Note that the LGC component 249 is different from the garbage collector 244. The garbage collector 244 reclaims spaces from dirty pages, while the LGC component 249 reclaims spaces from dirty log entries. The LGC component 249 may be activated, for example, when the flash is low in available space (e.g. when the storage manager 240 fails to allocate a new sector). In some embodiments, the LGC component 249 may reside within the storage manager 240 as shown in FIG. 2. In alternate embodiments, however, the LGC component 249 may reside in any other suitable portion of the database architecture 220.

If log garbage collection is desired, the LGC component 249 performs log garbage collection at 616. The LGC component 249 may begin by scanning the whole flash. For each sector, the LGC component 249 first looks at the sector's header information to determine if the sector contains log entries. Such sectors are termed Log sectors. For each Log sector, the LGC component 249 counts the fraction of stale log entries in that sector. If the fraction is above a threshold value, the sector is selected for garbage collection. The LGC component 249 and then writes the fresh log entries to the log buffer 248, removes the sector address from the NTT 246, and returns the sector to the storage manager 240. The log buffer 248 eventually flushes the log entries to flash and adds the new addresses to the NTT 246.

As further shown in FIG. 6, if it is determined that semantic compression is not desired at 610 (or after semantic compression is performed at 612, or after LGC is performed at 616), the process 600 determines whether additional node level (or database) operations are to be performed at 618. If so, the process 600 returns to performing node level operations at 602, and the above-described activities may be repeated indefinitely. Alternate, if no additional operations are desired at 618, the process 600 continues or terminates at 620.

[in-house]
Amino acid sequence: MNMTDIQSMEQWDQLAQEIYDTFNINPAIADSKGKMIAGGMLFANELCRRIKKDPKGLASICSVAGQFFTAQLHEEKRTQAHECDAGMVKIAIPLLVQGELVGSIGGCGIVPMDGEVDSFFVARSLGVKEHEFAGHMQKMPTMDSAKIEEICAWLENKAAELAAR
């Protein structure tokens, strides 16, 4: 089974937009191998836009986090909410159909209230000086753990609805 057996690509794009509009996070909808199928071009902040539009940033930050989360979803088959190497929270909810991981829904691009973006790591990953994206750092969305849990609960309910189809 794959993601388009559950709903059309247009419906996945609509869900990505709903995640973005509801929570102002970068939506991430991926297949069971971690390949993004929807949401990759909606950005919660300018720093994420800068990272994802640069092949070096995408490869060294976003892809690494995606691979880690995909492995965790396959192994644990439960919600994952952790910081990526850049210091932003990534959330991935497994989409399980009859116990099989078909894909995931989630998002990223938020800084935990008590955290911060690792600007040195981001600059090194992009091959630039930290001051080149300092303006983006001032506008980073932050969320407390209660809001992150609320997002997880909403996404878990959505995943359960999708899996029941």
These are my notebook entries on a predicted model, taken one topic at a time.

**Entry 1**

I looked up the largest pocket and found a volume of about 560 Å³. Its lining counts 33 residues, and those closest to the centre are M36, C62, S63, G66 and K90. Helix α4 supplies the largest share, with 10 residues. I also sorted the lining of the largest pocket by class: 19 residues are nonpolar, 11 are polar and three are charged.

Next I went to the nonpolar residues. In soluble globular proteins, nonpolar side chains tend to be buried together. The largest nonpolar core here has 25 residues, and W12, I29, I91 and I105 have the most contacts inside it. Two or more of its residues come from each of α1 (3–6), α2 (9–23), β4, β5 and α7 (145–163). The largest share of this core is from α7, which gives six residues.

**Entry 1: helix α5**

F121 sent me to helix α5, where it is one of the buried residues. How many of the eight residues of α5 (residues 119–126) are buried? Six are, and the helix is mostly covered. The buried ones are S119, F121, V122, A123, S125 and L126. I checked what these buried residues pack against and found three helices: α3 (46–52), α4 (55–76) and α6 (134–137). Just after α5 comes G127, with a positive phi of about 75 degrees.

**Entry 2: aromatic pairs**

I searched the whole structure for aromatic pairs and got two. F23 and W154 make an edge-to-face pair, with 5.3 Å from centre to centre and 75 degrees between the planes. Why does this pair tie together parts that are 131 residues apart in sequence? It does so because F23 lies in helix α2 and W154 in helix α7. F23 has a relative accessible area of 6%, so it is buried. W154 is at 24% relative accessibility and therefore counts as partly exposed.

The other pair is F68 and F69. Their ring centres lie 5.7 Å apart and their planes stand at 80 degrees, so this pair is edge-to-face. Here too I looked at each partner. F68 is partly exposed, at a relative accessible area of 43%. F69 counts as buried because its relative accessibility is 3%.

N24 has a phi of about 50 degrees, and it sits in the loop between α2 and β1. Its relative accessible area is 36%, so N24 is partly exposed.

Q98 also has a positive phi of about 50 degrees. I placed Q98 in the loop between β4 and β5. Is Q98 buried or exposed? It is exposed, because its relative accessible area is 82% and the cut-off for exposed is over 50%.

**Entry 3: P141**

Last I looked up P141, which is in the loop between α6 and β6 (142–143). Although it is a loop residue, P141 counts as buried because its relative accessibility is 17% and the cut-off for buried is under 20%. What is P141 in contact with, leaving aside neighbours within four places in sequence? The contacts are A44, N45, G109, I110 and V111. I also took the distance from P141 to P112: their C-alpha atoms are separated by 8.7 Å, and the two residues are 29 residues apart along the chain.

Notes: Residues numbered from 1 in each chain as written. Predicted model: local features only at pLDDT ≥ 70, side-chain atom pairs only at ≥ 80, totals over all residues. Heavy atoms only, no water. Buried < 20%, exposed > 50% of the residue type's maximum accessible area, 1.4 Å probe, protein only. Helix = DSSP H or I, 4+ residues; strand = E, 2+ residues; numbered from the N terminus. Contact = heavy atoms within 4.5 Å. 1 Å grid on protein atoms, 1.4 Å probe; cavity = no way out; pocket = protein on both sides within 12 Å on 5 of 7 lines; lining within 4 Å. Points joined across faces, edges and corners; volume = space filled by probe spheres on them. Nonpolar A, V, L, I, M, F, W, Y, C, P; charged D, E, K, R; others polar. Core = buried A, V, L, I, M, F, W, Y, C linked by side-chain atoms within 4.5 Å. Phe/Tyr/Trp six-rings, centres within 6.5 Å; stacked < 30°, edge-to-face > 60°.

Checkpoint and Rollback

Occasionally, a crash occurs such that the information in the in-memory node translation table 246 is lost. Typically, the log entries in the flash database 220 contain enough information such that even if the application crashes and loses its in-memory NTT 246, the NTT 246 can be reconstructed. Thus, existing methods of recovering from such a crash typically involve scanning the entire flash to reconstruct the in-memory NTT 246. This process of recovering the in-memory NTT is expensive (resource intensive).

Techniques in accordance with the present disclosure provide improved processes for recovering from crashes and reconstructing NTT 246 using checkpointing and rollback. Checkpointing allows a device to capture the state of an index, while rollback allows the device to go back to a previously checkpointed state. These techniques may advantageously help the device 102 deal with software bugs, hardware glitches, energy depletion, and other possible faults in the environment 100.

For example, FIG. 7 is a flow diagram of another exemplary process 700 for accessing a flash database in accordance with the teachings of the present disclosure. Again, the process 700 is illustrated as a collection of blocks in a logical flow graph, which represents a sequence of operations that can be implemented in hardware, software, or a combination thereof.